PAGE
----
The -L argument (short for --intervals) enables you to restrict your analysis to specific intervals instead of running over the whole genome. Using this argument can have important consequences for performance and/or results. Here, we present some guidelines for using it appropriately depending on your experimental design.
- Whole genome analysis: no need to include intervals
- Whole exome analysis: you need to provide the list of capture targets (typically genes/exons)
- Small targeted experiment: you need to provide the targeted interval(s)
- Troubleshooting: you can run on a specific interval to test parameters or create a data snippet
Whatever you end up using -L for, keep this in mind: for tools that output a bam or VCF file, the output file will only contain data from the intervals specified by the -L argument. To be clear, we do not recommend using -L with tools that output a bam file since doing so will omit some data from the output.
-L 20 (for chromosome 20 in b37/b39 build)
-L chr20:1-100 (for chromosome 20 positions 1-100 in hg18/hg19 build)
It is not necessary to use -L in whole genome analysis. You should be interested in the whole genome!
Nevertheless, in some cases, you may want to mask out certain contigs (e.g. chrY or non-chromosome contigs) or regions (e.g. centromere). You can do this with -XL, which does the exact opposite of -L; it excludes the provided intervals.
By definition, exome sequencing data doesn’t cover the entire genome, so many analyses can be restricted to just the capture targets (genes or exons) to save processing time. There are even some analyses which should be restricted to the capture targets because failing to do so can lead to suboptimal results.
Note that we recommend adding some “padding” to the intervals in order to include the flanking regions (typically ~100 bp). No need to modify your target list; you can have the GATK engine do it for you automatically using the interval padding argument. This is not required, but if you do use it, you should do it consistently at all steps where you use -L.
Below is a step-by-step breakdown of the Best Practices workflow, with a detailed explanation of why -L should or shouldn’t be used with each tool.
|Tool||-L?||Why / why not|
|RealignerTargetCreator||YES||Faster since RTC will only look for regions that need to be realigned within the input interval; no time wasted on the rest.|
|IndelRealigner||NO||IR will only try to realign the regions output from RealignerTargetCreator, so there is nothing to be gained by providing the capture targets.|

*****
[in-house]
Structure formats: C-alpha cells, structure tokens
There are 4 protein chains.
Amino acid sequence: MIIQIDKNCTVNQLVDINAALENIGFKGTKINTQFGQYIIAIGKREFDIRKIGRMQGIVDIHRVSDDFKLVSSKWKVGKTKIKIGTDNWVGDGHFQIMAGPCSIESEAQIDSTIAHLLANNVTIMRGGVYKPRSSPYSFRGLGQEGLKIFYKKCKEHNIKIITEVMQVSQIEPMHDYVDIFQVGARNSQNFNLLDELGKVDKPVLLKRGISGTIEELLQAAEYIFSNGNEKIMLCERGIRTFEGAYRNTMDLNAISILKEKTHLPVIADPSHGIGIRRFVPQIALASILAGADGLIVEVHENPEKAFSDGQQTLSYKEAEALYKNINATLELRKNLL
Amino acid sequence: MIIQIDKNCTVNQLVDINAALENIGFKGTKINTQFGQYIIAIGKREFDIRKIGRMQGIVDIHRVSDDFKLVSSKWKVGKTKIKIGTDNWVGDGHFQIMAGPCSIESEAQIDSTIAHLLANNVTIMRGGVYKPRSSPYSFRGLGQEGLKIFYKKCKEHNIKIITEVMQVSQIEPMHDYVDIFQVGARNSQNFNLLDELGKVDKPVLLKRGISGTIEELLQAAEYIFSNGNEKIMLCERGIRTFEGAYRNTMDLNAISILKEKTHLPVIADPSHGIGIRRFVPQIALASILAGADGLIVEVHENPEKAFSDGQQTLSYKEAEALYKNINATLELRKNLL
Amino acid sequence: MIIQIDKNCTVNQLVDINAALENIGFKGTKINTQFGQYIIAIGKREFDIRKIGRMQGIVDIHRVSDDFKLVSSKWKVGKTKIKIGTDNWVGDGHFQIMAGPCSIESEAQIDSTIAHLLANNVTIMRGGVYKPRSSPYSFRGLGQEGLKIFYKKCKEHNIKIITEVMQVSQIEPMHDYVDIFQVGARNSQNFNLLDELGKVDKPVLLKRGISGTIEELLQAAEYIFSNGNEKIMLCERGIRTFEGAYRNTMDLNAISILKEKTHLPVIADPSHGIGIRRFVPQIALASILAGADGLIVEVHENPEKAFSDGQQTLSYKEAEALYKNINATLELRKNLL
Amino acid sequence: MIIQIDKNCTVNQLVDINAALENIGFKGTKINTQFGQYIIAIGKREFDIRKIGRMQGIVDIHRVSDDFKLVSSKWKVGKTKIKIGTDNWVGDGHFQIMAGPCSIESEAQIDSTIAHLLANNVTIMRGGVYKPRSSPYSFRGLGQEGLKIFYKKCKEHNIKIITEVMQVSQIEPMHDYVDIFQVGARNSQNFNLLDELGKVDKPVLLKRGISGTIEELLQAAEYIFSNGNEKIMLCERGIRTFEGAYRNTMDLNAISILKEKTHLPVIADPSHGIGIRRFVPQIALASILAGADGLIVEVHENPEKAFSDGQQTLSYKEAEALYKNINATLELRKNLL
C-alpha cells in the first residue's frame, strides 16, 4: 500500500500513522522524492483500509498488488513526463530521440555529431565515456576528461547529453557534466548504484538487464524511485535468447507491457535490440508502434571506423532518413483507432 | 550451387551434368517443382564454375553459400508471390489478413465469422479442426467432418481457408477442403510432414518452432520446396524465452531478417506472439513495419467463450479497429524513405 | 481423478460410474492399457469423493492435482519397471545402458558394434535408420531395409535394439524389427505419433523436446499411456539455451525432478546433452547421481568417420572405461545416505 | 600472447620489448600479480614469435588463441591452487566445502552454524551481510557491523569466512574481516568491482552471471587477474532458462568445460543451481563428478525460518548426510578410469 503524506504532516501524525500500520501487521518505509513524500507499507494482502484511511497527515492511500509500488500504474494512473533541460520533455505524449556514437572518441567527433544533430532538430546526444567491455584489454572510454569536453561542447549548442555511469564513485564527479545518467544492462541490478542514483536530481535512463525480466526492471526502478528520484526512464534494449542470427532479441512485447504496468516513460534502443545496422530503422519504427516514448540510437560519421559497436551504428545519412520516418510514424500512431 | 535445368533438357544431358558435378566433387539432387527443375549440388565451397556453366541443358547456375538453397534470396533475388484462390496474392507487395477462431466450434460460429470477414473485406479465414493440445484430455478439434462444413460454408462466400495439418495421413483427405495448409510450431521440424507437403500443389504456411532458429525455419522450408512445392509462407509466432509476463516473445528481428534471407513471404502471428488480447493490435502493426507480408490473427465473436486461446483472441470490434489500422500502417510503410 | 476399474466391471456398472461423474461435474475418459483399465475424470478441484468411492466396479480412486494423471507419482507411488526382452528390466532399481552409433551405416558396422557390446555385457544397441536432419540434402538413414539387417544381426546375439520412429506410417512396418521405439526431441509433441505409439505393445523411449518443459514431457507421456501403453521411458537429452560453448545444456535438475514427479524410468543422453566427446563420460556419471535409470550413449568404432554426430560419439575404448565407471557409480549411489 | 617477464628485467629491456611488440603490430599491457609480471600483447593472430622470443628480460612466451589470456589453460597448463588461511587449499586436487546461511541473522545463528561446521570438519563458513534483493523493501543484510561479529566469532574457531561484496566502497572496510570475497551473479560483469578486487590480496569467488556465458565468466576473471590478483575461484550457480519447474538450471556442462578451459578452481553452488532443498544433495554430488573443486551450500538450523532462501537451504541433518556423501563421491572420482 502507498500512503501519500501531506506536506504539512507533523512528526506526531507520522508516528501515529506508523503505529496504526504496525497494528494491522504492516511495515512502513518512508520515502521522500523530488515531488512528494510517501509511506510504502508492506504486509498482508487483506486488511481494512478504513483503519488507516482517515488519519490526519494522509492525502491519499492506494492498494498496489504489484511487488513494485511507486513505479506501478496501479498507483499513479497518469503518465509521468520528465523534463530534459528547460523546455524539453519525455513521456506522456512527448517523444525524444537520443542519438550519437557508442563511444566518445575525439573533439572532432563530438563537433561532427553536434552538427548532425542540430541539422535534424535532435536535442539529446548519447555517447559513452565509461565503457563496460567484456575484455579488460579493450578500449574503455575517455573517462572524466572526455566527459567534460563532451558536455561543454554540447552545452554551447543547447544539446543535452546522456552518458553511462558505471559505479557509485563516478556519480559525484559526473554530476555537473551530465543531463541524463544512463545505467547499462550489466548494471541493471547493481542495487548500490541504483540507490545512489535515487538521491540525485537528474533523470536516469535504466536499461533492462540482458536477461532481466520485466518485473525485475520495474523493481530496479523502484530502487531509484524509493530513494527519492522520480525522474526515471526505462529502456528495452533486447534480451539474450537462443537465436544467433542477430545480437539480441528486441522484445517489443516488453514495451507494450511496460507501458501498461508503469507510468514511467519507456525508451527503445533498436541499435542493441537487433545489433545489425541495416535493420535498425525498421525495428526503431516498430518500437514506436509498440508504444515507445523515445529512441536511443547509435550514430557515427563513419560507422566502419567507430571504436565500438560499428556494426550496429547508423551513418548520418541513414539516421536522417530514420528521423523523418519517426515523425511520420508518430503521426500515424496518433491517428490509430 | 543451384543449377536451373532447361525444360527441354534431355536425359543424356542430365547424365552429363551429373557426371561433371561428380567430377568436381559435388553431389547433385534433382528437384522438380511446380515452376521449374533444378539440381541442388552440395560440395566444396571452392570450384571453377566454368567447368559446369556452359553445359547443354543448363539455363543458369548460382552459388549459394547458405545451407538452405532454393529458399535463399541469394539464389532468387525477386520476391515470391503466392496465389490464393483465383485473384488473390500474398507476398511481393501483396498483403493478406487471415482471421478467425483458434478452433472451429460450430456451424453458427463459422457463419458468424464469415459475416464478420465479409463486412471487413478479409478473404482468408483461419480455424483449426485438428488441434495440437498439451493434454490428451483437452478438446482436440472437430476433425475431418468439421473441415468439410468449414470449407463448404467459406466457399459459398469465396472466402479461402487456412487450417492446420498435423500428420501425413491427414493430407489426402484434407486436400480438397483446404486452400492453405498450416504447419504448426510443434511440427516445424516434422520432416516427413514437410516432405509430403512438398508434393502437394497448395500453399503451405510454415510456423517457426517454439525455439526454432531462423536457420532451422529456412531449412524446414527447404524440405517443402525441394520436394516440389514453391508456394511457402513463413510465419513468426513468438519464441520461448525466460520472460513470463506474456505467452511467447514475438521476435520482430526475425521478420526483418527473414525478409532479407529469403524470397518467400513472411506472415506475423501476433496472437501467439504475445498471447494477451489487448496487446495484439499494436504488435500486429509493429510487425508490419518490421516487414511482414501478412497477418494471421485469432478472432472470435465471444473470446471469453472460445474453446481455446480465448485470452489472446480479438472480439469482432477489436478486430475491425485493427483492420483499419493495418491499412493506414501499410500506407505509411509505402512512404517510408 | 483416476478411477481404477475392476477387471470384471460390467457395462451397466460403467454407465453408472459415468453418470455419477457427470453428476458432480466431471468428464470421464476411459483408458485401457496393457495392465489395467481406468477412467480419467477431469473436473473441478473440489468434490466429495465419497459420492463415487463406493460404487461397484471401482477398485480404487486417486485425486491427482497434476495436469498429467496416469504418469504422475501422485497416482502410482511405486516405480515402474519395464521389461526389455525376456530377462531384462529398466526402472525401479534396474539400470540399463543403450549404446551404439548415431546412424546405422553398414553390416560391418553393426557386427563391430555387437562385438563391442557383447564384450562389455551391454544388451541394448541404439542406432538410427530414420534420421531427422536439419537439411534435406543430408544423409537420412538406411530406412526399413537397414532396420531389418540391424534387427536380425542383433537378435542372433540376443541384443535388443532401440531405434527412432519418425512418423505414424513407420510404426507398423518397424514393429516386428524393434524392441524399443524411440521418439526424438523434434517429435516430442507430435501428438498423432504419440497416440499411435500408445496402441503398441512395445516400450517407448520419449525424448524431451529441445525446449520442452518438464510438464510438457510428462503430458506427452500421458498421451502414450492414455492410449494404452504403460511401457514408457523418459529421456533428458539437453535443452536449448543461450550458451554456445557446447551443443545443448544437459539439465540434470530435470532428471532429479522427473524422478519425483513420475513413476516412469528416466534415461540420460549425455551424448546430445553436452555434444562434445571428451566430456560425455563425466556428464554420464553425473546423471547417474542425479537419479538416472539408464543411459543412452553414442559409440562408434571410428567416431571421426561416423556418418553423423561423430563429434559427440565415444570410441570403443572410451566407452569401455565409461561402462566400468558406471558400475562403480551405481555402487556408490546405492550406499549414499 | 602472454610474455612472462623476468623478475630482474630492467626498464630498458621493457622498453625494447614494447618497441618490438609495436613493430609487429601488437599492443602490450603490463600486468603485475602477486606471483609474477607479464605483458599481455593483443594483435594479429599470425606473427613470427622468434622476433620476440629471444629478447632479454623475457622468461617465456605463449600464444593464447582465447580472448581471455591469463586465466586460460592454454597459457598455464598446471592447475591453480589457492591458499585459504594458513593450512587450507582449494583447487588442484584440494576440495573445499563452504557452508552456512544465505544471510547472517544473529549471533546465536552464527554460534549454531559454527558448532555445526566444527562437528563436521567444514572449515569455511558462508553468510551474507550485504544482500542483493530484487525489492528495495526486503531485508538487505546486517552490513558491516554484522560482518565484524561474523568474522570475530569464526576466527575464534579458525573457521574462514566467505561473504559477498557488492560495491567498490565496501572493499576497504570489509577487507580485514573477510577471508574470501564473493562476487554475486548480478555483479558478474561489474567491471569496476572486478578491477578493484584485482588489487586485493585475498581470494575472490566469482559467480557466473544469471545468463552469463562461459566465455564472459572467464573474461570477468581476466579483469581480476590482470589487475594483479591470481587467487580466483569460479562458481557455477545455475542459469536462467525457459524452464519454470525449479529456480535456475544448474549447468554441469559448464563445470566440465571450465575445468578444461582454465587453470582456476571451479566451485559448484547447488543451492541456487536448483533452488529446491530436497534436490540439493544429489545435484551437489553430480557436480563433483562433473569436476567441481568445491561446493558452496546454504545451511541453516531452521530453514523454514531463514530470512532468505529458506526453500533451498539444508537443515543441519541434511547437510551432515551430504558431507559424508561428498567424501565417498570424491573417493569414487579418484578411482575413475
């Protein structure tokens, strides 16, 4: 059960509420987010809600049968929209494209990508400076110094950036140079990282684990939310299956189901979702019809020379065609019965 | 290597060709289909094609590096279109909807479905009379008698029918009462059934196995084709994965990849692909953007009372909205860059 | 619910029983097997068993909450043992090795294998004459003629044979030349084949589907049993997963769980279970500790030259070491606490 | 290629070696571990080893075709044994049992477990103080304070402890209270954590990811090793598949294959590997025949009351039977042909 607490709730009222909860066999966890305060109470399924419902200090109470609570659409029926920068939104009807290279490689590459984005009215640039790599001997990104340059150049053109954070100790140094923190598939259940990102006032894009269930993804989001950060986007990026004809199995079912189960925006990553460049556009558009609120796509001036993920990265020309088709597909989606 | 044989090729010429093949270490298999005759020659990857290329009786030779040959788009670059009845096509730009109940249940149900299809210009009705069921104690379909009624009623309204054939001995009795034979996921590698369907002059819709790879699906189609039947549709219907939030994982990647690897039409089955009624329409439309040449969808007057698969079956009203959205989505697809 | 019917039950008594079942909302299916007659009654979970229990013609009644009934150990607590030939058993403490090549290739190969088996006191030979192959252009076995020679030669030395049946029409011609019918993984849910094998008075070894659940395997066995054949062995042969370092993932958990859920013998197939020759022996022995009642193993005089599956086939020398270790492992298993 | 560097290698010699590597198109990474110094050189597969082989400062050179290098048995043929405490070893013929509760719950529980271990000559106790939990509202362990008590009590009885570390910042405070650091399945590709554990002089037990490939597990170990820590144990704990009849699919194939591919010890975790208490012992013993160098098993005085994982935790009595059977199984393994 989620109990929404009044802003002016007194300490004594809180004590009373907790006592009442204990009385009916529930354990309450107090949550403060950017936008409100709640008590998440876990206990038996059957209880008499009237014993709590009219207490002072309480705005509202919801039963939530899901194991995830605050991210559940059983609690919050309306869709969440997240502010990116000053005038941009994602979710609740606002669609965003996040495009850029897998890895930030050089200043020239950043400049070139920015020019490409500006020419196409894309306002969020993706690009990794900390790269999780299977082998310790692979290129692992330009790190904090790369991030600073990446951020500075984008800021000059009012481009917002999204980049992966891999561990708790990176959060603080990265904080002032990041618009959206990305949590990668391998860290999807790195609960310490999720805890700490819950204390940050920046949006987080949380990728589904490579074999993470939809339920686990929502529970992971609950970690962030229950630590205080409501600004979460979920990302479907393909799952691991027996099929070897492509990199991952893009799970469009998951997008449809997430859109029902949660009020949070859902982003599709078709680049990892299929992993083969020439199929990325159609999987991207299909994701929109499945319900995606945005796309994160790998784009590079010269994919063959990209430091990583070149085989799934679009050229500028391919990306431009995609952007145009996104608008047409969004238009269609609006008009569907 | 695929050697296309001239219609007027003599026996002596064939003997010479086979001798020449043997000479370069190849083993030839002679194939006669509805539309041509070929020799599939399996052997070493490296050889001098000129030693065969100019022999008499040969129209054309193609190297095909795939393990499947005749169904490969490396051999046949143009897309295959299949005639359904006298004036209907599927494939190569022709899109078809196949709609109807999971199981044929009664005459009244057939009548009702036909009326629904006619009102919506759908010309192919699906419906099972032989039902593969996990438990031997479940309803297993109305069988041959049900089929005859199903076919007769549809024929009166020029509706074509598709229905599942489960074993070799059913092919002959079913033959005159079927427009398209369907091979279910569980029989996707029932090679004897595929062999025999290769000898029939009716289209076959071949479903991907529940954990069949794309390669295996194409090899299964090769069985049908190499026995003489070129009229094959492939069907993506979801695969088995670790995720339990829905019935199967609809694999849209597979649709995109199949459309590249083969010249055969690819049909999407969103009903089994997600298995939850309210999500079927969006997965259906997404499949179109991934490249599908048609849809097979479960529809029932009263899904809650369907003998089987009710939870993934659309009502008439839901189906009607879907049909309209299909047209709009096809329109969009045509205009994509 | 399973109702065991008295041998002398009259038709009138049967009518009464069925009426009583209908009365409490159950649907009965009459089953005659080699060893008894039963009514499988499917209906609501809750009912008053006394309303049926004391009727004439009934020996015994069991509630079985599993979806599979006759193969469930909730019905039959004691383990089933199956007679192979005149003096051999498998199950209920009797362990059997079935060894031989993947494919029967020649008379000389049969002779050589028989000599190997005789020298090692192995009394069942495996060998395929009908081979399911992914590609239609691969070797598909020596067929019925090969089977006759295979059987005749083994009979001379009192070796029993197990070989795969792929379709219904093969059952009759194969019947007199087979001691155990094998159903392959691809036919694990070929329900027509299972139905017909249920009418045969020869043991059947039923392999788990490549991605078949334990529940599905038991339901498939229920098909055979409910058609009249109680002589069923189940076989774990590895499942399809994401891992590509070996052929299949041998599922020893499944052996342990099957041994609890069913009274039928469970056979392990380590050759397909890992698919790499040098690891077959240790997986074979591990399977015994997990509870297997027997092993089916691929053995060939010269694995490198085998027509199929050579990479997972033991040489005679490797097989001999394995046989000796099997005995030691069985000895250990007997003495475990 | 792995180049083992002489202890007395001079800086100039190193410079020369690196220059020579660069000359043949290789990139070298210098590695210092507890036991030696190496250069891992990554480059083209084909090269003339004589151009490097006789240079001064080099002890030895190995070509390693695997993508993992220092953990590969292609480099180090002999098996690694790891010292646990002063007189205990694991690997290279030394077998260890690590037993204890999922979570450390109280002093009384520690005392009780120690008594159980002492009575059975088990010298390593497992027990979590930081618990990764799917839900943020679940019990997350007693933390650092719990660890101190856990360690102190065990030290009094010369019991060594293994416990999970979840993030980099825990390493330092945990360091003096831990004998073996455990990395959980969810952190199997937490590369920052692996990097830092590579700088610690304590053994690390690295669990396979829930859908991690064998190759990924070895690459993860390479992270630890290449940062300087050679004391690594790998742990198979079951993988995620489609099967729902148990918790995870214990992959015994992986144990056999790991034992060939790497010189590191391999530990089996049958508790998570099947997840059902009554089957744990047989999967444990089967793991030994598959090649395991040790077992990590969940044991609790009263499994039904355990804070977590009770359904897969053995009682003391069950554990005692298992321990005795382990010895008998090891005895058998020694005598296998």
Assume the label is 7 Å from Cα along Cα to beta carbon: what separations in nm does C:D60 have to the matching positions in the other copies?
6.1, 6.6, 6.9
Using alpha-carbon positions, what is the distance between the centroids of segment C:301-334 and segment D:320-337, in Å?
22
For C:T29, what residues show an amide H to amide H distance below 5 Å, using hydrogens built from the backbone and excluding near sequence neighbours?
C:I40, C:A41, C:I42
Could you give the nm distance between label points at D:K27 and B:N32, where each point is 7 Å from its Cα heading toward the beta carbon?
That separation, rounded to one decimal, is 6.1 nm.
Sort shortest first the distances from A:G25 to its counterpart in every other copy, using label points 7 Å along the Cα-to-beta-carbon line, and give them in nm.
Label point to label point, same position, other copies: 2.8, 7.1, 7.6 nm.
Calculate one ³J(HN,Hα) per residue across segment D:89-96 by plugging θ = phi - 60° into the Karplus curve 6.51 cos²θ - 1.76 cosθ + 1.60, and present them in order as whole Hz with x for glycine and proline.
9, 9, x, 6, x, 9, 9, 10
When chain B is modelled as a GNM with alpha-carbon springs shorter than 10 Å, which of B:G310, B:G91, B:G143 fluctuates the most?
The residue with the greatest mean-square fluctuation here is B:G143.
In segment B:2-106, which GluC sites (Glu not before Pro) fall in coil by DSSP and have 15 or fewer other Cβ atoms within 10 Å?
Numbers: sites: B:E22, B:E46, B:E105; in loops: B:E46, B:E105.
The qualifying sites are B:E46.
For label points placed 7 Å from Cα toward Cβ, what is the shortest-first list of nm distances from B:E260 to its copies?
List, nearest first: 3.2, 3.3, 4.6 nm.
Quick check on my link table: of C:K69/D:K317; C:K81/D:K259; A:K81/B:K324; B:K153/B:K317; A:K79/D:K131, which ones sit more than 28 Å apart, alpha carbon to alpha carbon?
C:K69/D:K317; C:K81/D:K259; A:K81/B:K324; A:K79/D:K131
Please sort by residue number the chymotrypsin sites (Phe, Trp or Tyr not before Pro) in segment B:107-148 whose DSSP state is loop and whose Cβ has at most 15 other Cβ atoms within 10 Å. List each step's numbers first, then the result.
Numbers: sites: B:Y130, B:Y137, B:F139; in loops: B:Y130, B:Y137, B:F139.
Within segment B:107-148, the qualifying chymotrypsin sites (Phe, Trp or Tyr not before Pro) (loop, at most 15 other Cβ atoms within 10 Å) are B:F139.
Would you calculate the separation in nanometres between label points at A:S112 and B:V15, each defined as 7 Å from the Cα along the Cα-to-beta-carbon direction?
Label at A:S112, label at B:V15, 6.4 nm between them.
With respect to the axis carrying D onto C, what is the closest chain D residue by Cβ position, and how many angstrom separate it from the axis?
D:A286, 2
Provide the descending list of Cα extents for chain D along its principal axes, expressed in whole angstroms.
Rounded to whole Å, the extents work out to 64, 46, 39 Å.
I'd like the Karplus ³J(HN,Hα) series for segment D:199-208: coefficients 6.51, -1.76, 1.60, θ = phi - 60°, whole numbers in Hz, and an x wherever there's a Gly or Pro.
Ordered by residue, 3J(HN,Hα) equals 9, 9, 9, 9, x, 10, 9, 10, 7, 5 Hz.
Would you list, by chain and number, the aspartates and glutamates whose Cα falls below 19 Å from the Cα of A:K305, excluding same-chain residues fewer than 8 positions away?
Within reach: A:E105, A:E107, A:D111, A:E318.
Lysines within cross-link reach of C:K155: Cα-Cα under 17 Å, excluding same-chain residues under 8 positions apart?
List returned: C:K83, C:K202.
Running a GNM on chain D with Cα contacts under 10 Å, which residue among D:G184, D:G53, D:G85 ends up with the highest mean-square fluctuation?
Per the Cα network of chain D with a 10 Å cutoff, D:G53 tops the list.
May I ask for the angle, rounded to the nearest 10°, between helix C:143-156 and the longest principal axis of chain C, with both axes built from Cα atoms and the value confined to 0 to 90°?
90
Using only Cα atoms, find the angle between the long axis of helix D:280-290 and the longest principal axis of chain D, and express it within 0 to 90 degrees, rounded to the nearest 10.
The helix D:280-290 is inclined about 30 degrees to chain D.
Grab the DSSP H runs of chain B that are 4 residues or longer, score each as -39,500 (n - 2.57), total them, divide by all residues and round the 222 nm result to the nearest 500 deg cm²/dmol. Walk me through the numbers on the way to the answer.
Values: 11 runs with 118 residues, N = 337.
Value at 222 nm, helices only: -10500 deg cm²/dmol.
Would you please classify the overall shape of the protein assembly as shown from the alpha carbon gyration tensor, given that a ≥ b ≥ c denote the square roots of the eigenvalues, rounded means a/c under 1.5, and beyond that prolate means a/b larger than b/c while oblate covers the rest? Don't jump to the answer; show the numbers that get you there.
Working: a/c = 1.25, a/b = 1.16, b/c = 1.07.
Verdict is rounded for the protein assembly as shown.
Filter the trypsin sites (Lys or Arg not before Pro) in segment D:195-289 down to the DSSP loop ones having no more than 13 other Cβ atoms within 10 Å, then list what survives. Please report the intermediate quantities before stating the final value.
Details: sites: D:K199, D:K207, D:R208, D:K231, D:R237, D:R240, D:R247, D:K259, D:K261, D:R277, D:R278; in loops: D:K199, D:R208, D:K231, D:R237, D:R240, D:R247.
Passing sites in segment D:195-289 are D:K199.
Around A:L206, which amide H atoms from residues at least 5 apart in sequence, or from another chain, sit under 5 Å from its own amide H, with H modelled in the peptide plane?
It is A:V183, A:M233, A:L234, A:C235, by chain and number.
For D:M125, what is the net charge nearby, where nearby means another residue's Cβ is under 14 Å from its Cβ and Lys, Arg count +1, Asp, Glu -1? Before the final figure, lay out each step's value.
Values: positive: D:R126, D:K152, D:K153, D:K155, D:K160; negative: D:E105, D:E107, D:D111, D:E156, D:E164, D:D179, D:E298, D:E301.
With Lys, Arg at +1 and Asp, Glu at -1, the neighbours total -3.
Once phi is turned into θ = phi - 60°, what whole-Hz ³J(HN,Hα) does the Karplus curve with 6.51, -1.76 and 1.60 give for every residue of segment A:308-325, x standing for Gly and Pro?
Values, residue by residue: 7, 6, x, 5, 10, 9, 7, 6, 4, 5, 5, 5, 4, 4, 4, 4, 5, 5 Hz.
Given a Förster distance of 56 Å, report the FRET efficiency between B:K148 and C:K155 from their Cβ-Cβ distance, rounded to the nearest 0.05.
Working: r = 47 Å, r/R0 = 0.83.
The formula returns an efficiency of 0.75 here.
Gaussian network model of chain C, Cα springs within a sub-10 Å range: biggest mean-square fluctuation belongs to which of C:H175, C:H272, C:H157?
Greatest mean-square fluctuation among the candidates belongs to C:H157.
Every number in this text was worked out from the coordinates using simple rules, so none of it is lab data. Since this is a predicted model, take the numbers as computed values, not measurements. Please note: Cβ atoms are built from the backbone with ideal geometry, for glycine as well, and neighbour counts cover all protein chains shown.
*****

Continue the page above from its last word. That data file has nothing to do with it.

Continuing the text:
|BaseRecalibrator||YES||This excludes off-target sequences and sequences that may be poorly mapped, which have a higher error rate. Including them could lead to a skewed model and bad recalibration.|
|PrintReads||NO||Output is a bam file; using -L would lead to lost data.|
|UnifiedGenotyper/Haplotype Caller||YES||We’re only interested in making calls in exome regions; the rest is a waste of time & includes lots of false positives.|
|Next steps||NO||No need since subsequent steps operate on the callset, which was restricted to the exome at the calling step.|
The same guidelines as for whole exome analysis apply except you do not run BQSR on small datasets.
You can go crazy with -L while troubleshooting! For example, you can just provide an interval at the command line, and the output file will contain the data from that interval.This is really useful when you’re trying to figure out what’s going on in a specific interval (e.g. why HaplotypeCaller is not calling your favorite indel) or what would be the effect of changing a parameter (e.g. what happens to your indel call if you increase the value of -minPruning). This is also what you’d use to generate a file snippet to send us as part of a bug report (except that never happens because GATK has no bugs, ever).
We support three types of interval lists, as mentioned here. Interval lists should preferentially be formatted as Picard-style interval lists, with an explicit sequence dictionary, as this prevents accidental misuse (e.g. hg18 intervals on an hg19 file). Note that this file is 1-based, not 0-based (first position in the genome is position 1).